Accounting firms are following the example set by other companies to launch operations in the metaverse, a digital space where players simulate real-life activities from shopping to gaming to business consulting.
WSJ | CFO Journal
The Morning Ledger provides daily news and insights on corporate finance from the CFO Journal team.
Businesses across industries, including real estate, technology and cryptocurrency, have been purchasing digital land on platforms such as Decentraland and the Sandbox. Executives have started drafting business plans for operating in those virtual worlds, which are typically conceived by videogame developers.
Prager Metis International LLC, a New York-based accounting and advisory firm, on Friday said it opened a virtual three-story property on a site it bought for nearly $35,000 in late December. The firm, which operates 23 physical offices in the U.S., Europe and Asia, made its purchase on the Decentraland platform in partnership with Banquet LLC, a firm that funds and manages blockchain ventures.
Prager Metis plans to use its virtual building to advise companies and other new and existing clients on tax and accounting issues, Chief Executive Glenn Friedman said. The firm expects that many of its clients, particularly those in the entertainment and fashion industries, will seek its services in the metaverse as more companies decide to conduct business there, according to Mr. Friedman. “If the metaverse is going to replace the internet, then certainly business is going to use it,” he said.
Other accounting firms are also venturing into the metaverse. PricewaterhouseCoopers in late December said its Hong Kong unit acquired virtual real estate in the Sandbox, a subsidiary of software firm Animoca Brands Corp., for an undisclosed amount.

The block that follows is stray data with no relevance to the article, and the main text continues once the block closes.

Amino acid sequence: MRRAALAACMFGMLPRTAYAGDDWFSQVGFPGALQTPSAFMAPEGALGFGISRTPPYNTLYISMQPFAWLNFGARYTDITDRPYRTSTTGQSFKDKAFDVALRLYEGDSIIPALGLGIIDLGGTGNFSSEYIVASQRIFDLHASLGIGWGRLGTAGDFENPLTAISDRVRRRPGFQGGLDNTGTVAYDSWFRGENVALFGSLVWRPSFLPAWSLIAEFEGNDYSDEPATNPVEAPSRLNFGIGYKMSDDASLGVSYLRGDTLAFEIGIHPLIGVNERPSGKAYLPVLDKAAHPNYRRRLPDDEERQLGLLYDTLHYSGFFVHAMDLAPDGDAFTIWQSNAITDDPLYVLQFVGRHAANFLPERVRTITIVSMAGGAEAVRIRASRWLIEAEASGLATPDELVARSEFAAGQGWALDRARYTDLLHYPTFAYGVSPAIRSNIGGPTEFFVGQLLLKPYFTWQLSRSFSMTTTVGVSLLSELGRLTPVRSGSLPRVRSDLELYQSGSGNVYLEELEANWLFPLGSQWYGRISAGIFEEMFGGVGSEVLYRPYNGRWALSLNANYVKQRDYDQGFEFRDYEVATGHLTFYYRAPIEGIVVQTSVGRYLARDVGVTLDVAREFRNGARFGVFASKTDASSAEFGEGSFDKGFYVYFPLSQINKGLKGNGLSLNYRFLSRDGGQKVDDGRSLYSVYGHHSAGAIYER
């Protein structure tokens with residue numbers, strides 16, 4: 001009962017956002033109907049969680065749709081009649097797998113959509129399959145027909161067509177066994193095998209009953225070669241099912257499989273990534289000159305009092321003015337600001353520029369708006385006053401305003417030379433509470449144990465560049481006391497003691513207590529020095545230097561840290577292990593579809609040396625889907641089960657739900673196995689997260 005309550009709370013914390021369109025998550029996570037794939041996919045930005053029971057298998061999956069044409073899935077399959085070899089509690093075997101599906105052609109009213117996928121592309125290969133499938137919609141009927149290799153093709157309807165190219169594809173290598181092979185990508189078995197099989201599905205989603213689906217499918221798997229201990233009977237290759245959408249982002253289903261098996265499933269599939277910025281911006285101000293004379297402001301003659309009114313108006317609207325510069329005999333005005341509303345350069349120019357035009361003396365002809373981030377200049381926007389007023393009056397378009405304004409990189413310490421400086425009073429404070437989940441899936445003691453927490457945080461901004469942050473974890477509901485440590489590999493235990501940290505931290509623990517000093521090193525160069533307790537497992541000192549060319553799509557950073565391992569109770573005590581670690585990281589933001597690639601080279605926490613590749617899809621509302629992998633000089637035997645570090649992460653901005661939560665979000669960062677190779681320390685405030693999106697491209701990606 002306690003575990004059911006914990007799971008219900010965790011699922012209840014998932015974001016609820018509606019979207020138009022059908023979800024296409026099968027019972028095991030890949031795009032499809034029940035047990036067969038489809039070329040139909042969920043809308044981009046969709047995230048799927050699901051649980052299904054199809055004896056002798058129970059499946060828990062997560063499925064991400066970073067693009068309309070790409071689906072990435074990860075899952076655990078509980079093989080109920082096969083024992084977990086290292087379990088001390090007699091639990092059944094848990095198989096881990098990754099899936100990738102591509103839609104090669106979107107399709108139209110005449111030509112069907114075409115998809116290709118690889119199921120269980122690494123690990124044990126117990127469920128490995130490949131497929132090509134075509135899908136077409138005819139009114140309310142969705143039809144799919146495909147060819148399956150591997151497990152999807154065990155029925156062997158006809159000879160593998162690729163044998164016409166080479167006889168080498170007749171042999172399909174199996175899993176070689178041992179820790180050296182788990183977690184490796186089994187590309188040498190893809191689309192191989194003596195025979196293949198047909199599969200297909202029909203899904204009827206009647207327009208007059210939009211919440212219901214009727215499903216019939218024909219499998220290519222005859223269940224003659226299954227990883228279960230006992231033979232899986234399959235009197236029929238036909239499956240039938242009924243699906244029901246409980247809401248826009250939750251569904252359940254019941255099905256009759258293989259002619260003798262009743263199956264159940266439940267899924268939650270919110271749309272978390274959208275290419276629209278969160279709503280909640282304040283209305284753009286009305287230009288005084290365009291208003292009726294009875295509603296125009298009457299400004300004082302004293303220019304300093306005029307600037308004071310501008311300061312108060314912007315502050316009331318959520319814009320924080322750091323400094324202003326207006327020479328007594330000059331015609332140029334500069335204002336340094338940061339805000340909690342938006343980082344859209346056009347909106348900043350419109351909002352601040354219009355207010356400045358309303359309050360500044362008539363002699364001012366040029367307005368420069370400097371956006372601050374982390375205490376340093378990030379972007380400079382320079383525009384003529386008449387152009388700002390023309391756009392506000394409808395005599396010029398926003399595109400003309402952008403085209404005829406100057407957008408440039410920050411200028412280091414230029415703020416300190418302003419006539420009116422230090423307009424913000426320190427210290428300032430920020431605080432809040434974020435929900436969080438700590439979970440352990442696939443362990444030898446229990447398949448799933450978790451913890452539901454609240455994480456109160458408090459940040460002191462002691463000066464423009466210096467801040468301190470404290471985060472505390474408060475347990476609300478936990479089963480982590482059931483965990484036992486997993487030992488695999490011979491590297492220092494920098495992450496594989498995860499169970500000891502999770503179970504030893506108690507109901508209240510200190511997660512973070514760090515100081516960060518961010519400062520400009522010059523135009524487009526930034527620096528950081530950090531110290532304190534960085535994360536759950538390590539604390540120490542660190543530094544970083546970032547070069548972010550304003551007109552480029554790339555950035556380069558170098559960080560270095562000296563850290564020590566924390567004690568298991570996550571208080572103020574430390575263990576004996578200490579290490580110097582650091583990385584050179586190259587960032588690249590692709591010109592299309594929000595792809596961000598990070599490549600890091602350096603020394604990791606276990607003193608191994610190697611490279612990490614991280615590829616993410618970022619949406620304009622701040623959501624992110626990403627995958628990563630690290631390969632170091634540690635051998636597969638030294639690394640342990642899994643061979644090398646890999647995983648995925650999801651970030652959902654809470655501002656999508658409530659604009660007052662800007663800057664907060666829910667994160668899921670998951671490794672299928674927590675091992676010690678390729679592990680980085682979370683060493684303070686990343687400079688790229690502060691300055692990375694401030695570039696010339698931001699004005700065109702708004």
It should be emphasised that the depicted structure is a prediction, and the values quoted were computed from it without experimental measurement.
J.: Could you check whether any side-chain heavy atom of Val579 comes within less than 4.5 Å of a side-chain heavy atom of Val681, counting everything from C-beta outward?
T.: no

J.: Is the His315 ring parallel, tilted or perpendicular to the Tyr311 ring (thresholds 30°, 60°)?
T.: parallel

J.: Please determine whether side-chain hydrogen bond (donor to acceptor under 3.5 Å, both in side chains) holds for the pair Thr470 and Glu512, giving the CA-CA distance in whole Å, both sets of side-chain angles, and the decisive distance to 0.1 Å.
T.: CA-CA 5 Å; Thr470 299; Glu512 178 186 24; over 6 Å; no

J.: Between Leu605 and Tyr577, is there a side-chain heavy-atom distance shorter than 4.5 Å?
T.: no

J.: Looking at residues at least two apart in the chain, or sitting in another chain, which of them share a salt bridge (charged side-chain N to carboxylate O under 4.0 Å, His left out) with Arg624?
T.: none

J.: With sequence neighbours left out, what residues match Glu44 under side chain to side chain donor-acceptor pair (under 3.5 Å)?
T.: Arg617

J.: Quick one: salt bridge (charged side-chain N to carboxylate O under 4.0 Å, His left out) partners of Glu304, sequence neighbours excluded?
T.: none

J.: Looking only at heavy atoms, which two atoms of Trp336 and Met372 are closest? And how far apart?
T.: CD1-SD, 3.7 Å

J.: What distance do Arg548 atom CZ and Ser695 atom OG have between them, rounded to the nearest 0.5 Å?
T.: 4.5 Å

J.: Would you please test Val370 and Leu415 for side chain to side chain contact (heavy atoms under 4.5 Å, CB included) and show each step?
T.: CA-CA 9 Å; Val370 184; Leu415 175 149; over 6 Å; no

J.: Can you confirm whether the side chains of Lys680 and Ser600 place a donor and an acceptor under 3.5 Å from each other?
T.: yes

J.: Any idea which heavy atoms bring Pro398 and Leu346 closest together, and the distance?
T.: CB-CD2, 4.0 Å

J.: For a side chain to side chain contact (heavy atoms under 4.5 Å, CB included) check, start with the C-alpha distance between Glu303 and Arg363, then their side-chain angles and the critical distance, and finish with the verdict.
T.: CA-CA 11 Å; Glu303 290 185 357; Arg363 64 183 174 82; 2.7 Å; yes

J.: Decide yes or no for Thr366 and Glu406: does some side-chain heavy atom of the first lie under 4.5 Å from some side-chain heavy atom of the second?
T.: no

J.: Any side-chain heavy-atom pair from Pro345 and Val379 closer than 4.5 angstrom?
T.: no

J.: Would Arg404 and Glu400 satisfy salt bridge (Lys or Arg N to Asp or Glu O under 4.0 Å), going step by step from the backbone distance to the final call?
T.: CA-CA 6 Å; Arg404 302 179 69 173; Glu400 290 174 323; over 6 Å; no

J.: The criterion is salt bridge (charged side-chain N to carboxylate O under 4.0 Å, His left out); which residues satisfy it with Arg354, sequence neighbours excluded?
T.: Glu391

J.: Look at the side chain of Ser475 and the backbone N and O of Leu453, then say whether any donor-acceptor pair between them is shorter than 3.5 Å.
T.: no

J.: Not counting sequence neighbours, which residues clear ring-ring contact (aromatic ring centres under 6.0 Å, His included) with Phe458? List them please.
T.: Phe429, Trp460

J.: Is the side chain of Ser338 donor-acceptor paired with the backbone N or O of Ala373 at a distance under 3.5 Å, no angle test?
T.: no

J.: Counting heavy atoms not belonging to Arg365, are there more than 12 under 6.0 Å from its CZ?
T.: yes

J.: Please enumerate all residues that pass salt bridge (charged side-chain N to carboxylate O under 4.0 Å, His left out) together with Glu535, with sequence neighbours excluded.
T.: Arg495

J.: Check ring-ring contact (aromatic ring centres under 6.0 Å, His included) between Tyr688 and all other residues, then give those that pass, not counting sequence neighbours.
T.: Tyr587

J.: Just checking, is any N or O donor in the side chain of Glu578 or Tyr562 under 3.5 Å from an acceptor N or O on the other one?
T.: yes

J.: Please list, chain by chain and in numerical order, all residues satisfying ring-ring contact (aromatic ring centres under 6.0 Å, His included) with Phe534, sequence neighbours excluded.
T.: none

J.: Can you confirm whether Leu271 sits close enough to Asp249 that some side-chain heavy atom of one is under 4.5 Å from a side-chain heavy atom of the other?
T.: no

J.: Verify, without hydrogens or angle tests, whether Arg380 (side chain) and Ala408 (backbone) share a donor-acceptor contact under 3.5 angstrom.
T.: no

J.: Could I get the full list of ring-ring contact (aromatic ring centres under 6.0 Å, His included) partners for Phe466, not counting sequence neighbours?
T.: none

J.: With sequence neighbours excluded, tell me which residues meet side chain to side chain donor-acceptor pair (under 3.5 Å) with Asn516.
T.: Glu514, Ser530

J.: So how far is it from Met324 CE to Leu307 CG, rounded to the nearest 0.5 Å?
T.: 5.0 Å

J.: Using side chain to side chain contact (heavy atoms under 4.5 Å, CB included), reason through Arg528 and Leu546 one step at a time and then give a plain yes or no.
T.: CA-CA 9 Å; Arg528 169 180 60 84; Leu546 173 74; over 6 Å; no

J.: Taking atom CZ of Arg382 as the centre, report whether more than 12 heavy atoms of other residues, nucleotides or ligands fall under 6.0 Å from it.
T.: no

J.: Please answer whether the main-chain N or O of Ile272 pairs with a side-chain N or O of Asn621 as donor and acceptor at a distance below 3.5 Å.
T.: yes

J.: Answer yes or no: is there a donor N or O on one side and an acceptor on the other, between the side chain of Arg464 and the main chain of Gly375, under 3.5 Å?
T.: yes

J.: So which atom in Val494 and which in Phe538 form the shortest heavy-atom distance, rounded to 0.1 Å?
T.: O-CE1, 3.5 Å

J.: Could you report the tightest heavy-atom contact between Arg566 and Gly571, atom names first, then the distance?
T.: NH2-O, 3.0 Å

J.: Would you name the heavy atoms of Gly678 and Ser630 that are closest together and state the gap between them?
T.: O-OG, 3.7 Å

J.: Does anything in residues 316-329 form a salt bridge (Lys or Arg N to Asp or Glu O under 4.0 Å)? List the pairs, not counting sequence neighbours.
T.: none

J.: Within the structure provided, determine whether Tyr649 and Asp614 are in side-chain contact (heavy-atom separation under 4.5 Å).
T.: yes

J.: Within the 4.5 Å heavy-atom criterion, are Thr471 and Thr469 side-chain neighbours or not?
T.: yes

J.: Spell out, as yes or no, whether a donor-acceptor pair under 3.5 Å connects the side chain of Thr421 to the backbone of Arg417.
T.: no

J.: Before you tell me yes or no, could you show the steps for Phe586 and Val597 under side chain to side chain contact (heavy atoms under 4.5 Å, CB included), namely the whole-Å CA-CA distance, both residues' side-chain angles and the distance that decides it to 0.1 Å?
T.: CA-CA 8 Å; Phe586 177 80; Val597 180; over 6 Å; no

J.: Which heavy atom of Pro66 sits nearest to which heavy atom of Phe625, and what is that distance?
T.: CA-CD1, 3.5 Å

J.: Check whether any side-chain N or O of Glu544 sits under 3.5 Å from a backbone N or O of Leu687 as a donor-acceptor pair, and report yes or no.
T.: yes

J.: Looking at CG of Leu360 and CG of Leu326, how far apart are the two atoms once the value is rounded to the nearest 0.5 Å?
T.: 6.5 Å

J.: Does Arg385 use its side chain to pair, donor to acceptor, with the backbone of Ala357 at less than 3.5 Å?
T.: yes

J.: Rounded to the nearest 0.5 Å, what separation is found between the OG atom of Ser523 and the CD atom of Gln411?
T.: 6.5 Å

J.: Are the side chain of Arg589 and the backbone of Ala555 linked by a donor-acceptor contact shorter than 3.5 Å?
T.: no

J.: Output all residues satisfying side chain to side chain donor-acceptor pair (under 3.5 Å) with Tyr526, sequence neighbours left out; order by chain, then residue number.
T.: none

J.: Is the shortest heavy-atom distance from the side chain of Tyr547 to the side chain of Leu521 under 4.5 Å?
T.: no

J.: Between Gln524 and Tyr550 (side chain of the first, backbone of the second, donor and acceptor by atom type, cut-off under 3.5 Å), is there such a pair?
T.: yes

“The Metaverse offers new possibilities for organisations to create value through innovative business models, as well as introducing new ways to engage with their customers and communities,” William Gee, a partner at PwC Hong Kong, said in a statement.
PwC plans to advise clients on the challenges presented by the metaverse, according to the statement. The firm didn’t immediately respond to a request to comment further.
It is unclear if other Big Four firms plan to make purchases in the metaverse. KPMG declined to comment. Ernst & Young and Deloitte Touche Tohmatsu didn’t immediately respond to a request for comment.
More from CFO Journal
Investors are optimistic but also cautious about business opportunities in the metaverse, with some firms launching related exchange-traded funds. Facebook parent Meta Platforms Inc. and Microsoft Corp. are among the tech giants that envision potential sales of software and hardware needed for access as well as sales of ads, goods and services within the platforms.
The first floor of Prager Metis’s virtual building will feature an open-floor plan featuring a gallery space for non-fungible tokens—digital collectibles, or NFTs—owned by its clients and an entertainment area, the company said. The second floor will hold conference and other meeting rooms, while the rooftop primarily will be used for hosting events.
“We may be an avatar as crazy as that sounds, but we’re going to have some presence to be answering questions,” Jerry Eitel, a partner at Prager Metis, said.
Write to Mark Maurer at Mark.Maurer@wsj.com
Copyright ©2022 Dow Jones & Company, Inc. All Rights Reserved. 87990cbe856818d5eddac44c7b1cdeb8